“This Talmudic proclamation must be considered fully. Does the Torah in Deuteronomy (16:20) not say, ‘Justice, Justice shall you pursue.’ Did Isaiah (1:27) not prophesy, ‘Zion shall be redeemed with justice’? Are not law and order foundations upon which the world stands? Yes, the world does stand upon justice and the law, though not upon them alone. The judicial system is vitally important to the building of a just society. It enables contracts and agreements to be made. The law enables cooperation and partnership. Trust. It is the vital contract for the building of society. Yet, society cannot exist without moral and ethical accepted norms, components of mutual trust and unity.”

We need to learn, not how to agree with each other but how to disagree with each other. We must disagree with each other with respect, fairness, with firmness, but without foregoing the other persons’ Jewish identity. We cannot predetermine that one opinion or another has no right to exist within contemporary Jewish discourse. Rabbinic Judaism, which was founded in Yavneh following the destruction of the Temple, witnessed firsthand the horrific danger of sectarianism. Thus the Rabbis understood that social and faith-based conflicts, important as they may be, cannot be decided by a total negation of the other. The greatness of the Torah teachings and learning of Yavneh became a major part in our common Judaism through its ability to turn debate itself into part of the core of Jewish law. The Jewish cultural debate does not erase the words of the minority or the opposing side-but gives it a place within the canon itself.

While we cannot always control what others do to us, we can control our reactions. We can learn from whatever mistakes we may have committed. In the midst of our grieving over the many sorrows we have endured we might also look at some great victories. As a people we have established a State. As a percentage of the general population we are high achievers. We have found the courage to act. We often act in spite of our fear. As long as we listen with respect, and see the divine in the other, even if their ideas are opposite to us, we can maintain unity as a Jewish people. Let us make over our mourning into our mitzvah.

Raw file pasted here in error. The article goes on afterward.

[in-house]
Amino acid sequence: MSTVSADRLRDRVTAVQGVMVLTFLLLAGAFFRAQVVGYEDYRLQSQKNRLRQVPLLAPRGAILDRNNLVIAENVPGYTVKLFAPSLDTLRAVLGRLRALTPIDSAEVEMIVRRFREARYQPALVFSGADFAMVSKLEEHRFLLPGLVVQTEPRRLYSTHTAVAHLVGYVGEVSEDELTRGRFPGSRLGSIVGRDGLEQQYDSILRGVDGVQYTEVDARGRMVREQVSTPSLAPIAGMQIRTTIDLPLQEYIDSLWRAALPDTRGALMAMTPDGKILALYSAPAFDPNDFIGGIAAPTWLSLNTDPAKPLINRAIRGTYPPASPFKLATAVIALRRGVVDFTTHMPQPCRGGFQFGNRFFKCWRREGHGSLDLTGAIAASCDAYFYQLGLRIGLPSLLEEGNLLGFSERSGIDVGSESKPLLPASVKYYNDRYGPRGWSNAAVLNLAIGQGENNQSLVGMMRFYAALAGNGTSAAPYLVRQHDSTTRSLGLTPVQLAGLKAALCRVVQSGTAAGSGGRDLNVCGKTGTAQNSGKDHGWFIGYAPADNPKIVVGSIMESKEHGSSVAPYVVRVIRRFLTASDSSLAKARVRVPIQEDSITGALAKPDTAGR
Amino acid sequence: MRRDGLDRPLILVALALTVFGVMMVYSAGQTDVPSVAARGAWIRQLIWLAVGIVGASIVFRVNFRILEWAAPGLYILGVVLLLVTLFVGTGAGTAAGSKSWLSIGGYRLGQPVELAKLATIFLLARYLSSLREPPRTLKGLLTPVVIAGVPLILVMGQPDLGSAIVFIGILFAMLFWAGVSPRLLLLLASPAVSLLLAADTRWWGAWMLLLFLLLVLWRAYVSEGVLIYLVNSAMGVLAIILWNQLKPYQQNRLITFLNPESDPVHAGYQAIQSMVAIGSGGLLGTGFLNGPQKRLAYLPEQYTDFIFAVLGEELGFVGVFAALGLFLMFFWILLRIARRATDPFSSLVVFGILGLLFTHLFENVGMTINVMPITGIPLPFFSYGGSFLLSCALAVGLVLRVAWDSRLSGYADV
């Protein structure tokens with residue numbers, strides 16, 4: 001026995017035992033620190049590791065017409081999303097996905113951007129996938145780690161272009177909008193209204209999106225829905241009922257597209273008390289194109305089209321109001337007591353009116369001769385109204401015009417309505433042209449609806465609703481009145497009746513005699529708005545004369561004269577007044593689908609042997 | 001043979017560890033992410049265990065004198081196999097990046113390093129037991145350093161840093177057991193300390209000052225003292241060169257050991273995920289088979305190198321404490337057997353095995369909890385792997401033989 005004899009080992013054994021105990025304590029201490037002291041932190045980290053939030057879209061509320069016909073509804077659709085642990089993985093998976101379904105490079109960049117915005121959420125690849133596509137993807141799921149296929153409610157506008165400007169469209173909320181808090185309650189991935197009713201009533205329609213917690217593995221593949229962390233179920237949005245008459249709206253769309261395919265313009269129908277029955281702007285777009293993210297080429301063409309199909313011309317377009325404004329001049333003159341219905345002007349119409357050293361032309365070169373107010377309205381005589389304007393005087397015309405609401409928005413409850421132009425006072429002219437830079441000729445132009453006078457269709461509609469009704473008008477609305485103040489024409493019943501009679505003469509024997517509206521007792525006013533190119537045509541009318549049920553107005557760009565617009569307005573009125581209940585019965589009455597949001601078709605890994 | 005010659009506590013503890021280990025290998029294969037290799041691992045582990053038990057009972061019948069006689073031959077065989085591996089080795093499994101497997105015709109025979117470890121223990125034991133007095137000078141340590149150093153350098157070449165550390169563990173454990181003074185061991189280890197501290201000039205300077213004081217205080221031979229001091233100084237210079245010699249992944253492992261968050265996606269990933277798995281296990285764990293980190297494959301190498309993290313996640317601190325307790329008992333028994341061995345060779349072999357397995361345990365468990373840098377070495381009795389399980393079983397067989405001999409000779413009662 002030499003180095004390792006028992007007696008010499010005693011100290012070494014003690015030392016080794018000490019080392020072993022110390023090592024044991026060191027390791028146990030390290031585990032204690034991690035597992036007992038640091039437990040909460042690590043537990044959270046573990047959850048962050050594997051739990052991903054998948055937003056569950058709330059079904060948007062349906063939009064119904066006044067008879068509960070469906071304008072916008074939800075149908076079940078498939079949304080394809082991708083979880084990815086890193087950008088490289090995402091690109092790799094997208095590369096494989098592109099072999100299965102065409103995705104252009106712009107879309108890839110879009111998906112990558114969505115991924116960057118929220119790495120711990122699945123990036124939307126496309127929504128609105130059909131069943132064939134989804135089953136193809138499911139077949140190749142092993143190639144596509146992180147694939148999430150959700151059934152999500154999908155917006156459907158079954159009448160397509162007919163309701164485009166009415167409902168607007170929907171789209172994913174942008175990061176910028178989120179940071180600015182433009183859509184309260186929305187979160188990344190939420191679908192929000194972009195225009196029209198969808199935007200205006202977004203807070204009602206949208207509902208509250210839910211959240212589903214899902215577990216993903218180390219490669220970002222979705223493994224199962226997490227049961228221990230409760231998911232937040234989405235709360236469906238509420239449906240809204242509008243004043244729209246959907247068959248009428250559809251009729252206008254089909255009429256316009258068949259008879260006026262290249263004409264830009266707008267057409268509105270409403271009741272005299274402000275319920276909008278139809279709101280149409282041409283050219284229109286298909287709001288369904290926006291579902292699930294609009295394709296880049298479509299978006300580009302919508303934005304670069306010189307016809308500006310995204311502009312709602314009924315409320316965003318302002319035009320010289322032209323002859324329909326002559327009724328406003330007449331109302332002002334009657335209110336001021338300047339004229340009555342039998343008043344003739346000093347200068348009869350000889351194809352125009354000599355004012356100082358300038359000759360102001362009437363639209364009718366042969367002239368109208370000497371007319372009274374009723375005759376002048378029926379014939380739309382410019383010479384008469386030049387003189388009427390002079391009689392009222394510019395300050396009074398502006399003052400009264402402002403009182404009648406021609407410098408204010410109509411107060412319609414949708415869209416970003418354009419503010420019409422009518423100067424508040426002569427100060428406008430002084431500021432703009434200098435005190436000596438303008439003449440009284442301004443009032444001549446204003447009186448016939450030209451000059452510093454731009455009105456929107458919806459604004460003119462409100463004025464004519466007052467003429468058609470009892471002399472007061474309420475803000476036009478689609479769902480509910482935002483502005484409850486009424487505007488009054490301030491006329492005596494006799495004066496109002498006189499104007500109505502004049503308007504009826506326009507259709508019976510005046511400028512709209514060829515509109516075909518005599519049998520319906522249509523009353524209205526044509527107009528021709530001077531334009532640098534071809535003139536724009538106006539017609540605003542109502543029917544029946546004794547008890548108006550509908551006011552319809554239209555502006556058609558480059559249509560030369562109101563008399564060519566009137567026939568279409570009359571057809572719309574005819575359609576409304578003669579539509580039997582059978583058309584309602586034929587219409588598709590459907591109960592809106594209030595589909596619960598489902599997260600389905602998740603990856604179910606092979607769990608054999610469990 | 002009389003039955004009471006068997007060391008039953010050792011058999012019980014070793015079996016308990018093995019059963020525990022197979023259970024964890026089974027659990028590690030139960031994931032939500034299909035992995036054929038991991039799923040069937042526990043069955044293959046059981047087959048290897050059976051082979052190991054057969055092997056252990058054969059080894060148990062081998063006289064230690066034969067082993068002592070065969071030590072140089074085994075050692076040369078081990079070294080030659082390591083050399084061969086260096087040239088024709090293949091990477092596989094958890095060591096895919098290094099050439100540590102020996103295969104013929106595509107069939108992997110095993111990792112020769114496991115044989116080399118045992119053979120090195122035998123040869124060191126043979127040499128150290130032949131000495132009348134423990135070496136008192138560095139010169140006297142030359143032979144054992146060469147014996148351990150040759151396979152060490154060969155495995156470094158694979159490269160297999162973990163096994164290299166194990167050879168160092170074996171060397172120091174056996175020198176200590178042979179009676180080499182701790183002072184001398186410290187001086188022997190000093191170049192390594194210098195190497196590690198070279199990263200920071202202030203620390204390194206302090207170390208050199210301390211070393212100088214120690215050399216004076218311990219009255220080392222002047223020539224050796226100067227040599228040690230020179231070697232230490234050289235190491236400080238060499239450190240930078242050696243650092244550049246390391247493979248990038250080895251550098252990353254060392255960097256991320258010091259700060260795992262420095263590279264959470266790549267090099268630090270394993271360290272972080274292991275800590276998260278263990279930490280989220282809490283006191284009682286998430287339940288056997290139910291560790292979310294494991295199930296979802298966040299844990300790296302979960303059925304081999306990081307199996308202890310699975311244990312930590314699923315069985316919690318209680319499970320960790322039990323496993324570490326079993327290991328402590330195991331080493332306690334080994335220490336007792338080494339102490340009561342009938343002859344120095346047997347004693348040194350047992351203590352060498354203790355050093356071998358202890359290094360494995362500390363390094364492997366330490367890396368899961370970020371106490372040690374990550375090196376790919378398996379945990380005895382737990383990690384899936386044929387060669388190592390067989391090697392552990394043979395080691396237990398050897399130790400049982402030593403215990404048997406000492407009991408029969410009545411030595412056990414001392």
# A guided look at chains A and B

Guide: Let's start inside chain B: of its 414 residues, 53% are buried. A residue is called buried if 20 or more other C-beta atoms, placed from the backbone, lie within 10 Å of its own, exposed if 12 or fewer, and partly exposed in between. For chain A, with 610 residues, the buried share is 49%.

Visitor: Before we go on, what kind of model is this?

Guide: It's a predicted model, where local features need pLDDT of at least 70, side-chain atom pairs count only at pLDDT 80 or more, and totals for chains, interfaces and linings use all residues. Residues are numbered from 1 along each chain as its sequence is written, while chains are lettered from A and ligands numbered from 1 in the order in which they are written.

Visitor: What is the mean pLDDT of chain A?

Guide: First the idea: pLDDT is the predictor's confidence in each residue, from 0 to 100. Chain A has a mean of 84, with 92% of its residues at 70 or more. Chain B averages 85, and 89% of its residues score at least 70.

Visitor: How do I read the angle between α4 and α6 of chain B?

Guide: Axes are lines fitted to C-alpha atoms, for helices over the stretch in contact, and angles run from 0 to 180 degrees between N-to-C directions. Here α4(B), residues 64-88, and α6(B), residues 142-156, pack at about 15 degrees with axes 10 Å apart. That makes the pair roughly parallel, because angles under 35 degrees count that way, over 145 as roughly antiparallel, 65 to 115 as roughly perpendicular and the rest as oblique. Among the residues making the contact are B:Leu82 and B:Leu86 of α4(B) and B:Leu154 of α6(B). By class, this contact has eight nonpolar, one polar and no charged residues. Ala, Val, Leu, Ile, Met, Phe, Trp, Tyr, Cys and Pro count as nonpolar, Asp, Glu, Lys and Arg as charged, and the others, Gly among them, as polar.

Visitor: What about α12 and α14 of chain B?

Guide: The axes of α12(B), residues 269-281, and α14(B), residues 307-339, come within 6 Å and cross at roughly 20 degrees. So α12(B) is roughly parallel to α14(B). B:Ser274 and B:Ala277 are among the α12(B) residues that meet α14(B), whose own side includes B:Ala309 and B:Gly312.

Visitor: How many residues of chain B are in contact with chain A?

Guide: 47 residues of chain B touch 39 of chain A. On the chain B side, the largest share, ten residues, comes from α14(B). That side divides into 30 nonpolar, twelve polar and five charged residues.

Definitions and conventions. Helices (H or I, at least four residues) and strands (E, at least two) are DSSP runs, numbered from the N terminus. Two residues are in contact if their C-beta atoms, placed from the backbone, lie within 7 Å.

Shabbat Shalom


Parshat Matot-Masei: Getting our Priorities Straight

I used to think that getting married was the single biggest change to someone’s social life. Once you were married, things would never be the same. You couldn’t make big decisions without consulting your partner-in-life. I used to think that…until I had children. Now I think that having children is a more substantial change to one’s life. Nothing is the same once you have children. Being responsible for the life of a person who is powerless to help themselves is an awesome responsibility, and that responsibility influences one’s priorities and the choices one makes in life. Or at least, they should be which brings us to this week’s double Torah portion.